Nairobi — With families unable to earn due to coronavirus, many girls were made to sell sex for food or forced into marriage to ease the household burden

More than 70% of displaced and refugee women in Africa have seen a rise in domestic violence in their communities during the coronavirus pandemic, a survey published on Thursday found.

More than half the 850 women interviewed in 15 African nations also reported a rise in sexual violence and almost one in three had observed a growth in early and forced marriage, said the International Rescue Committee (IRC).

Lockdowns to curb the spread of COVID-19 have fuelled an upsurge in gender-based violence (GBV) across the world, with victims forced to spend more time with their abusers and prevented from seeking safety elsewhere.

Social and economic strains compounded by strict limits on movement have also made women and girls more vulnerable to sexual exploitation, say women’s rights charities.

With families unable to earn, many girls are being forced into transactional sex to buy food or pushed into early or forced marriage to ease the household burden.

But the IRC said funding to protect the millions of refugee and displaced women and girls – who are among the world’s most vulnerable – remained inadequate.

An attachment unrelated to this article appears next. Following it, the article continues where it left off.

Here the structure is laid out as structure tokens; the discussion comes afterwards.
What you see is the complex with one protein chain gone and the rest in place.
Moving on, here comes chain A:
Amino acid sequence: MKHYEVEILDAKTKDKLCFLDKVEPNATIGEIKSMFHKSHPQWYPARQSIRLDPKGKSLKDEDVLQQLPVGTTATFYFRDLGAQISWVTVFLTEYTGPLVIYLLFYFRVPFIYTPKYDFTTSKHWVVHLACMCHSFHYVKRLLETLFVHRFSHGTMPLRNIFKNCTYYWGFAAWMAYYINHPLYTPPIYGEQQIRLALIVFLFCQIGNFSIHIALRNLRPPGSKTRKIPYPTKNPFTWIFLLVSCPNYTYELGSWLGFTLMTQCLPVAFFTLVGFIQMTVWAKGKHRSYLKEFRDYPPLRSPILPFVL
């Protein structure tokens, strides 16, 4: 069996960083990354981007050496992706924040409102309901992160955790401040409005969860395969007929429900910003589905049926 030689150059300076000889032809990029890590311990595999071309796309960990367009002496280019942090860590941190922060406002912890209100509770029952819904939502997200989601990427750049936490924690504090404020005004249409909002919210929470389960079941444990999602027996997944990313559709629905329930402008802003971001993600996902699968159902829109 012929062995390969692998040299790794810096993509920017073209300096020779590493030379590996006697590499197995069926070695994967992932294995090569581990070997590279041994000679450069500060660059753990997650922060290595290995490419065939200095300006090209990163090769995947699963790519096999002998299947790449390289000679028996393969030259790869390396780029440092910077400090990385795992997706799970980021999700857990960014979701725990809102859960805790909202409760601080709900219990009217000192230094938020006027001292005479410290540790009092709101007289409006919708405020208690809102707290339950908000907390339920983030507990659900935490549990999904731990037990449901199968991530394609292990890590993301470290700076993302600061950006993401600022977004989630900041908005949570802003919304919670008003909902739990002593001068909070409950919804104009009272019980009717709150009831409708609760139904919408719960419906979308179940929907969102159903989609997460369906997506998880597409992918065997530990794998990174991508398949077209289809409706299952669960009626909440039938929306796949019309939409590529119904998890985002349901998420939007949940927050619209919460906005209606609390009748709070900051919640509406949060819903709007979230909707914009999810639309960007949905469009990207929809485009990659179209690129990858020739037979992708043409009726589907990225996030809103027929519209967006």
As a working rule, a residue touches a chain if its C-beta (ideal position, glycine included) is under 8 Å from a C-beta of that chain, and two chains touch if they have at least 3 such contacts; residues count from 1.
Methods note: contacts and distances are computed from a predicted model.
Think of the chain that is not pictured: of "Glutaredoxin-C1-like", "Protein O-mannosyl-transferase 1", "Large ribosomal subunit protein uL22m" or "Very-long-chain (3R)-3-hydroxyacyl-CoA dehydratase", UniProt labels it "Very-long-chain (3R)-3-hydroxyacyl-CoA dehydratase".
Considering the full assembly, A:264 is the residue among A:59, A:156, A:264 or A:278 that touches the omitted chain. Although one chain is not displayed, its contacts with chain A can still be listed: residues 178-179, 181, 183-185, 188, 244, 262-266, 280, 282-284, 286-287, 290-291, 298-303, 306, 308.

“Despite the early warnings that predicted increased violence and the lessons learned during the Ebola crisis, the international community continues to treat GBV as an after-thought,” said Nicole Behnam, IRC’s senior director for violence prevention.

The study, which is funded by Irish Aid, surveyed women in countries including the Democratic Republic of Congo, Cameroon, Chad, Nigeria, Sierra Leone, Ethiopia, Kenya, Somalia, South Sudan and Uganda.

It found that economic hardship caused by the pandemic had also heightened women and girls’ exposure to violence and exploitation outside their homes.

Respondents spoke of landlords threatening eviction and abusing female tenants and women and girls forced to venture outside camps to sell firewood and being sexually exploited in exchange for food and sanitary pads.

Increased household demand for water meant women and girls were spending longer at water points, where they were subjected to sexual violence, the report said.

This included harassment and violence by military and police officials, especially when violating curfew, as longer queues and increased need forced some women and girls to walk long distances, it said.

Social distancing requirements meant they could not use traditional safety measures such as walking in groups.